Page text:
The Other Kind of DM: Potential & Pitfalls of Eroticism In Gaming

As Katherine Cross writes for Bitch Media, while gaming may use sex to sell, the presence of anything revolving around actual sexuality is thin on the ground in tabletop & online RPGs  :
Most pen-and-paper roleplaying games have hundreds or thousands of pages worth of rules, ideas, story content, and other kinds of errata, but very few devote any of that space to content that addresses issues like consent, sexual diversity or orientation, or the sexual culture of the world one is playing in. In-game, then, one is often subject to depressingly familiar forms of sexual harassment—men having their avatars walk up to yours and awkwardly propositioning you, for instance, or refusing to take “no” for an answer if one rebuffs their entreaties—in or out of character. 
Online roleplaying gaming simply follows the paths of sexuality laid out in the physical world.
In spite of this, sexuality is endemic to the world of RPG and part of its visual culture. Commercials and box art for games are rife with heaving bosoms while pornographic proportions are common background decoration, seen by gamers and non-gamers alike.

Cross' essay goes into how sexual activity and fantasies have been handled in both tabletop roleplaying games and their online counterparts, including how sub-cultures within subcultures have sprung up around it. Speaking personally, I know quite a large number of people that have discovered more about their own sexualities, gender identities and more through online roleplaying everywhere from dedicated serves to IRC chatrooms.

Tuesday, June 20, 2017

Listen Up: The Co-Op

The Koalition in an indie video game website that has featured the voices of people of color united by a love of hip-hop and video games. They have a companion podcast called The Co-Op that features the Koalition staff talking about recent news and announcements in video games, in-depth reviews and some hip-hop crossover discussion.

You can  check 'em out via The Co-op Podcast section of The Koalition or via iOS on iTunes.

Listen Up is an ongoing series devoted to shining a spotlight on podcasts by diverse creators. You can check out all the podcasts previously featured here. If you have a podcast you'd like to recommend, post it in the comments or email me at shawnstruck at gmail dot com.

2017 Game Devs of Color Expo in NYC This Week

After a successful inaugural event last year, the Games Devs of Color Expo returns to New York City this year on June 24th. Createdby developer and industry vet Catt Small, the Game Devs of Color Expo lets people of color in the games industry network with each other, present their work in a professional space, and get feedback directly from consumers. The GDoCExpo will take place at the Schomburg Center for Research in Black Culture, a historic venue that can hold up to 700 people. To keep the expo accessible, student and low-income attendee tickets are $5 while general tickets are $20.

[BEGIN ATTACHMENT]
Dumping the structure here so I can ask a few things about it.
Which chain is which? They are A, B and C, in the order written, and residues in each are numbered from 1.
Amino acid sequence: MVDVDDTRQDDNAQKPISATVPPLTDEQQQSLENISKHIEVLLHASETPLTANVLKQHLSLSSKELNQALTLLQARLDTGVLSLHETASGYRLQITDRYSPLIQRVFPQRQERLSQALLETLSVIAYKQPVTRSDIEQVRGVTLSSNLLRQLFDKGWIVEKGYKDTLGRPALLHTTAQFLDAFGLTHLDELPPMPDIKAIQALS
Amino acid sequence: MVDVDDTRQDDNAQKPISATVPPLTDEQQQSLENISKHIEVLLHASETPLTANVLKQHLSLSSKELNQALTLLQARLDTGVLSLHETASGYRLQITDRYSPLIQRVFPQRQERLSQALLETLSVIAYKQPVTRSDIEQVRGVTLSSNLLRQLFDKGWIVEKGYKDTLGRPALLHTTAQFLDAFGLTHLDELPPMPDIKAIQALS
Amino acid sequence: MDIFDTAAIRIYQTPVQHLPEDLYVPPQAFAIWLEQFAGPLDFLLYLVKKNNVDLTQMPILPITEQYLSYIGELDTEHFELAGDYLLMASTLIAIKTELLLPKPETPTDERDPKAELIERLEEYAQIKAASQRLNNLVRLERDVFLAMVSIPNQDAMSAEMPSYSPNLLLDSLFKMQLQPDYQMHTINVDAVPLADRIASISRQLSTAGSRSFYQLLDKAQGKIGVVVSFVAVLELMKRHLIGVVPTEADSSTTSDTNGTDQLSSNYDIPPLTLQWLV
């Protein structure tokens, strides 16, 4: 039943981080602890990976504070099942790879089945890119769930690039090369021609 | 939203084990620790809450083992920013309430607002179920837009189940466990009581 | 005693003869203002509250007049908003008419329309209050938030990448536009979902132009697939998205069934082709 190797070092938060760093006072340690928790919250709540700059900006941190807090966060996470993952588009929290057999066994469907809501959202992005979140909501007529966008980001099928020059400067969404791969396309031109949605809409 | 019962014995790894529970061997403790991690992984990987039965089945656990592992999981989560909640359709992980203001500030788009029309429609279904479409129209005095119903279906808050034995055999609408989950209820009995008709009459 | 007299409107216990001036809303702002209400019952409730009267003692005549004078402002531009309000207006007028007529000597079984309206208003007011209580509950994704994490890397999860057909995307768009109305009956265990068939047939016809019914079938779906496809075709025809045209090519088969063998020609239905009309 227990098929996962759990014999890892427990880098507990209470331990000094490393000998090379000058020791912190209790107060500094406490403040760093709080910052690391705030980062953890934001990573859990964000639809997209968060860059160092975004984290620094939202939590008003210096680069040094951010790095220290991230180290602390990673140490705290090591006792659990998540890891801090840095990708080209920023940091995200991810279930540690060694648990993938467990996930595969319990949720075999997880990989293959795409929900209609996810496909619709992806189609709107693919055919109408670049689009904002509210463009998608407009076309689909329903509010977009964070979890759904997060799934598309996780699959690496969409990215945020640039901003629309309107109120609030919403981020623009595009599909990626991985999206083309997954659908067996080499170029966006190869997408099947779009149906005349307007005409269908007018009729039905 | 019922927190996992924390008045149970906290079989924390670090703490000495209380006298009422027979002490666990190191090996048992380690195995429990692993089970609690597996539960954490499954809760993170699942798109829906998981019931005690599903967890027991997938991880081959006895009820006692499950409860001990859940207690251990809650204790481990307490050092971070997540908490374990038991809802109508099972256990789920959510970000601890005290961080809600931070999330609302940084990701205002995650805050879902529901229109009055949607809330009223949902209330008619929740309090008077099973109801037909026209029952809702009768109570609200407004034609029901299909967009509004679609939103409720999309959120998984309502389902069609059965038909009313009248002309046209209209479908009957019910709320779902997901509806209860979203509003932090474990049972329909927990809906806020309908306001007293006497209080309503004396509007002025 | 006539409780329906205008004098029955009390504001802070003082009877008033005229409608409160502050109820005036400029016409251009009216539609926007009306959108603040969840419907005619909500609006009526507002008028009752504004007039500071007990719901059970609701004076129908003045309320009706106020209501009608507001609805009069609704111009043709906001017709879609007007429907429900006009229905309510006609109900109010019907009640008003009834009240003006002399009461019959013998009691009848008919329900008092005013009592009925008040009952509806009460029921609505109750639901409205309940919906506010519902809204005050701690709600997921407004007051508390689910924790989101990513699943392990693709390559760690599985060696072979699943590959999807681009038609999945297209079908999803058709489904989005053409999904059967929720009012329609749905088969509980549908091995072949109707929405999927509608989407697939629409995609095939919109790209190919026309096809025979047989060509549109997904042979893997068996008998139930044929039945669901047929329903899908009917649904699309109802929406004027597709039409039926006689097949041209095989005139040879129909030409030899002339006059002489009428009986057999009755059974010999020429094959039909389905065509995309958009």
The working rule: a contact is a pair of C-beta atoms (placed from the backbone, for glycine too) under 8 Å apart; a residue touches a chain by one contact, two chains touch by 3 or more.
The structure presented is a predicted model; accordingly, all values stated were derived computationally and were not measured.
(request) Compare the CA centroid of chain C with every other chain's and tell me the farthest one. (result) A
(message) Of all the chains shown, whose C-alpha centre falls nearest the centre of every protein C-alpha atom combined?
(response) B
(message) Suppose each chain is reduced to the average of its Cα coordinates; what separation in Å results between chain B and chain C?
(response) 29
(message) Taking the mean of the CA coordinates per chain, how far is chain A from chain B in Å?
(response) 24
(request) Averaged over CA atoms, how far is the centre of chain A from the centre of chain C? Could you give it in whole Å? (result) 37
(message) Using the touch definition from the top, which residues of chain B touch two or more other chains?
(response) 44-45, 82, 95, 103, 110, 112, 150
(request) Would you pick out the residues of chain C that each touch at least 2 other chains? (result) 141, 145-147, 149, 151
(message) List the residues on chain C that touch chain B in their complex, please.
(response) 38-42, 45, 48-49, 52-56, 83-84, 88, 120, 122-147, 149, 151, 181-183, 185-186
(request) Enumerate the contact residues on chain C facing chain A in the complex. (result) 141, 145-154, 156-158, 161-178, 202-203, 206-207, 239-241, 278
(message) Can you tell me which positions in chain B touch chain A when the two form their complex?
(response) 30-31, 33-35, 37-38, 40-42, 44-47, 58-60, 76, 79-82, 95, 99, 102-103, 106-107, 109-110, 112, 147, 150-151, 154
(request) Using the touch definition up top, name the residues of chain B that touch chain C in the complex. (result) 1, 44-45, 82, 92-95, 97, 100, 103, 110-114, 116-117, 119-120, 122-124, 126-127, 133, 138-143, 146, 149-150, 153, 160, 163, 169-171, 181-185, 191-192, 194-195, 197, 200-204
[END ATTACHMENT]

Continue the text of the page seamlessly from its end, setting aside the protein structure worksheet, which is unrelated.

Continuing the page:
In addition to game demos and exhibitions, GDoC Expo is hosting five educational talks about game development and four panels about various parts of the game development process. In a win for accessibility, all talks and panels will be live-captioned, and the entire event event is wheelchair-accessible. There are 31 free to play games and game demos at the Expo, as well as several "micro talk" 10 minute presentations, industry development panels, and an evening after party at Babycastles gallery.


Monday, June 19, 2017

Thank Yous For May '17

Here's this month's Patron Thank Yous:
  • Cargo, who had nothing to link to, but is a great dude! Thanks, Cargo. 
  • Daphny Drucilla Delight David! Her Patreon is here and her blog is on the blogroll! 
  • Fluffy! Check out their stuff at beesbuzz.biz
  • Hillary Gross
  • Gabriel Gentile, on twitter at GabrielCGentile
This month's free Patron-exclusive download: free high quality versions of my Undertale remixes!

What's The Patreon Stuff About, Anyhow?

The Code is helped by the patrons I just thanked. In addition to geek ephemera and the esoterically nerdy, I use this blog to focus on marginalized voices and perspectives and to advocates for inclusiveness in media fandoms and sub-cultures and boost diverse creators.

I also create experimental electronic music and art prints & apparel under the name lowercase t, perform improvisational readings with the Overly Dramatic Readers.

I also help people! 

  • I co-host several charity fundraisers with The Munchausen Society every year
  • Advocate for strong anti-harassment policies and safe spaces at conventions
  • Organize public relations, media outreach, recorded an audio book & designed the website for a disabled dad's panel on disability for Bronycon; it was so successful he was invited back 2 more times!
  • And More!

I want to keep doing this work, and working with & helping people and also be compensated for my time and effort. My ultimate dream is to be able to offer a bi-monthly podcast along with a blog updated every day of the week. I know times are rough for a lot of people, so I've set this campaign to pay monthly-- no matter what, you'll only be charged the amount you chose once per month.